Otocorys alpestris.—On July 14th, as we came down the Floifjeld, I heard an unfamiliar note. The field-glass showed a pair of birds, which, from their black moustaches and the ear-tufts of the male, were identified in a moment as Shore Larks. They were very quiet, and gave no indication of having a nest. A pair of birds which puzzled us earlier in the day were no doubt of this species.

Dendrocopus minor.—Woodpeckers are scarce at Tromsö, and none were seen. But on July 19th I noticed a birch stump which had apparently been worked by this species, a Northern Marsh Tit having nested in the hole subsequently.

Cuculus canorus.—The Cuckoo, which at home had been silent for three weeks or more, was calling in the woods at Tromsö on the day of our arrival, July 12th. Another was heard at Lyngseidet as we landed soon after midnight on July 17th.

Falco æsalon.—Of the smaller birds of prey, the Merlin was the only one met with, but it appeared to be fairly numerous. One passed over our boat off the southern end of Tromsö Island on the 14th. Three days later, when in the 'Lyngen' off Dybvik, one flew over, and we saw another early next morning at Skjervö. On the 24th, in a glen behind Svolvaer above the head of the lake, we again heard the shrill note of the Merlin. There appeared to be a whole family of them amongst the birches which covered the lower slopes of the grey granite peaks.

Haliaëtus albicilla.—On July 19th we saw a White-tailed Eagle on the far side of Tromsö Island. It was mobbed by Gulls.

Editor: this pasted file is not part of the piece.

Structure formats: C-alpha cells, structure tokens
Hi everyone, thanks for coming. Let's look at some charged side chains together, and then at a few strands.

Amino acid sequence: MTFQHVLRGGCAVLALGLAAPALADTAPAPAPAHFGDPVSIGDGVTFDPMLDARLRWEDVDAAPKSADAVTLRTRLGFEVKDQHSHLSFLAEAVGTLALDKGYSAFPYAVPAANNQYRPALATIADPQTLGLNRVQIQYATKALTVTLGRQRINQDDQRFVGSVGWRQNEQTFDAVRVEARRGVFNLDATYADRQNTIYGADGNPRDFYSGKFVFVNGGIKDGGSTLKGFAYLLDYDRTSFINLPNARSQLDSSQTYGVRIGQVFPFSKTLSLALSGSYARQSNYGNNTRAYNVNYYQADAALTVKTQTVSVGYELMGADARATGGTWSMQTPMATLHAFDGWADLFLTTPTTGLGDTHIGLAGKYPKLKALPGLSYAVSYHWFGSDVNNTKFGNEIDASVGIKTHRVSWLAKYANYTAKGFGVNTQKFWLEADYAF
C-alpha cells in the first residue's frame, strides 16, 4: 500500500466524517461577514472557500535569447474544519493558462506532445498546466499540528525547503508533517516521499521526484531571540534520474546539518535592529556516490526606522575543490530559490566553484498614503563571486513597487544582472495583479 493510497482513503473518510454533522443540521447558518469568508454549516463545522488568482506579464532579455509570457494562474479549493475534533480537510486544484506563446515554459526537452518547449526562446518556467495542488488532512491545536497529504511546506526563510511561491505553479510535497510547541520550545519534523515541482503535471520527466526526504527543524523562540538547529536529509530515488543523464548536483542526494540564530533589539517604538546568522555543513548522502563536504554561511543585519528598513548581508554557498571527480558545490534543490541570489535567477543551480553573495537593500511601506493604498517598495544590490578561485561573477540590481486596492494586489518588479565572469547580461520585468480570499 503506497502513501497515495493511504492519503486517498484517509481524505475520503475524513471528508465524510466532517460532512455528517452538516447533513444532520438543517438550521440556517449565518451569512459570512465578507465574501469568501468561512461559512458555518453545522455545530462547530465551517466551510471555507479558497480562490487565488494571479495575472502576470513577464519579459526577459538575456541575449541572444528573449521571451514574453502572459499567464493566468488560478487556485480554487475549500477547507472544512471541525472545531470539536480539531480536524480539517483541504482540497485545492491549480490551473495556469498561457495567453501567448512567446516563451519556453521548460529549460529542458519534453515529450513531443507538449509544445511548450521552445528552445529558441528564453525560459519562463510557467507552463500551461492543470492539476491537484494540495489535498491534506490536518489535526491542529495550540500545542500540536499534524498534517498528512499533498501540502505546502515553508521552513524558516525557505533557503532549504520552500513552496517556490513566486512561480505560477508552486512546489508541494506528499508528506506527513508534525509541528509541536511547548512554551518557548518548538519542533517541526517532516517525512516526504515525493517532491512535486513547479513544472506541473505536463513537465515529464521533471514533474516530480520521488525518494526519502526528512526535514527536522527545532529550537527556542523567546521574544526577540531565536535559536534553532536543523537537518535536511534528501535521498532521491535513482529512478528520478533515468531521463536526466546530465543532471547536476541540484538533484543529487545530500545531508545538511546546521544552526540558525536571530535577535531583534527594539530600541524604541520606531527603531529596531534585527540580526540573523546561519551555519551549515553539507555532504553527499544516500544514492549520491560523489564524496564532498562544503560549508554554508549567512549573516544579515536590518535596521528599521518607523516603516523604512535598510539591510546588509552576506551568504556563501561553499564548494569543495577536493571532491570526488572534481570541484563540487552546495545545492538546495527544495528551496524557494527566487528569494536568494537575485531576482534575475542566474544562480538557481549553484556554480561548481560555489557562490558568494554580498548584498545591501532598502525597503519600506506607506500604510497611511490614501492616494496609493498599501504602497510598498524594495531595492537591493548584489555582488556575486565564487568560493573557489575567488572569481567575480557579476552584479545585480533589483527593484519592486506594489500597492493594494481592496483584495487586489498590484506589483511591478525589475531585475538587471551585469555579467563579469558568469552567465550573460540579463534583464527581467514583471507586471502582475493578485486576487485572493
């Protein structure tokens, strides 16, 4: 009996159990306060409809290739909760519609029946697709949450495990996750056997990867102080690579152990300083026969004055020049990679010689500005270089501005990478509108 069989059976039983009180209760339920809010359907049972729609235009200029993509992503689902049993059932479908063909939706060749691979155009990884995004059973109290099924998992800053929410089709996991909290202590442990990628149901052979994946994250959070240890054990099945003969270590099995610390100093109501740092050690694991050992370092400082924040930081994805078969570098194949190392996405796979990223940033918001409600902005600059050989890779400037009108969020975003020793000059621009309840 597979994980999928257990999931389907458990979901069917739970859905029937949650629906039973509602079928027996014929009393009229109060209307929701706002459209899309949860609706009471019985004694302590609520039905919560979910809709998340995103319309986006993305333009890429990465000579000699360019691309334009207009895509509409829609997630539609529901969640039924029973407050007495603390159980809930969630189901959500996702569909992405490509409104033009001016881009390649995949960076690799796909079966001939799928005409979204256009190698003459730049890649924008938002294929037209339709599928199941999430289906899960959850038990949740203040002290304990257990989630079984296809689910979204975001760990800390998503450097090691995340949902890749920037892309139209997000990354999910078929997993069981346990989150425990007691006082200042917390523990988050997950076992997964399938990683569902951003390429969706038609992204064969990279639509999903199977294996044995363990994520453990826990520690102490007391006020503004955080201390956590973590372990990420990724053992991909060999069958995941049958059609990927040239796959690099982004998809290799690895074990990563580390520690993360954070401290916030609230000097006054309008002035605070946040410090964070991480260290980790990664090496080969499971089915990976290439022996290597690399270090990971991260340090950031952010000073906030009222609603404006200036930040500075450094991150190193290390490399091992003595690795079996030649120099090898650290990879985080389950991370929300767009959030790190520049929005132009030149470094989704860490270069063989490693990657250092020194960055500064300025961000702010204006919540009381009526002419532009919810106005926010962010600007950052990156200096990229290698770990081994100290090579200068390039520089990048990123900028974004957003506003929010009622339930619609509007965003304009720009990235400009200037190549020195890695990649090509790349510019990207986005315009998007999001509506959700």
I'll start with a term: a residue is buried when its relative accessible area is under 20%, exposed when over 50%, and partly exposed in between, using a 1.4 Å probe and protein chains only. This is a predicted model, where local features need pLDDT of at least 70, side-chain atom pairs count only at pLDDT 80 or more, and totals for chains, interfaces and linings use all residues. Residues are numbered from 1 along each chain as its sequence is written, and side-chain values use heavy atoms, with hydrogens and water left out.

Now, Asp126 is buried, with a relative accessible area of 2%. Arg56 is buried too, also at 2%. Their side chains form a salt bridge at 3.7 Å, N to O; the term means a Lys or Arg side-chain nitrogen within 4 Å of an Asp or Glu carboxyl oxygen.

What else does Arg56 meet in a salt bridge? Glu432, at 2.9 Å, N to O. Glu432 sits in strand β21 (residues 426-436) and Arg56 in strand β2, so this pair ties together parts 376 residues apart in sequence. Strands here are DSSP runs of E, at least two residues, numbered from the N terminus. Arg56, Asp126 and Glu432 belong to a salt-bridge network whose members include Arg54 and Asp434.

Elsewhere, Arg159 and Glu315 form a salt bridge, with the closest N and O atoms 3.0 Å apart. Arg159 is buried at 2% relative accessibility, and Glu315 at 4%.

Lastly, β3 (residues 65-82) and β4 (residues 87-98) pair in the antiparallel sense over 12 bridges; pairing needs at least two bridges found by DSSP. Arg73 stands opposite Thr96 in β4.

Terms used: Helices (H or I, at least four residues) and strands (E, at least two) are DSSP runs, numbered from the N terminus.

Lagopus albus.—A first meeting with the Willow-Grouse during a walk through the birch woods at Tromsö on July 12th served to remind us that we were in northern latitudes. The white wings and white-tipped tail render it a much more showy bird than our own. A pair fluttered up out of the willow-scrub, pitched again, ran with their heads down, and scuffled in great excitement, as six or eight "cheepers" got up one after another, flew weakly, and dropped again into cover. On the 19th, at the spot from which a pair rose, we found a young one with its leg broken. It had probably been attacked by a Gull. The same day, in coming down from the higher part of the island over a bank deep in crowberry, we put up another pair with about thirteen cheepers, some of which flew, while others skulked. Several old birds and another brood were seen on Skjervö. When there were young, the tumbling and fluttering performance always occurred. On the 25th we climbed one of the peaks in the neighbourhood of Svolvaer. At about 1800 ft., while still struggling through the fern, something white appeared to fall from near our feet. It was a Willow Grouse tumbling down the hill-side. Two cheepers flew.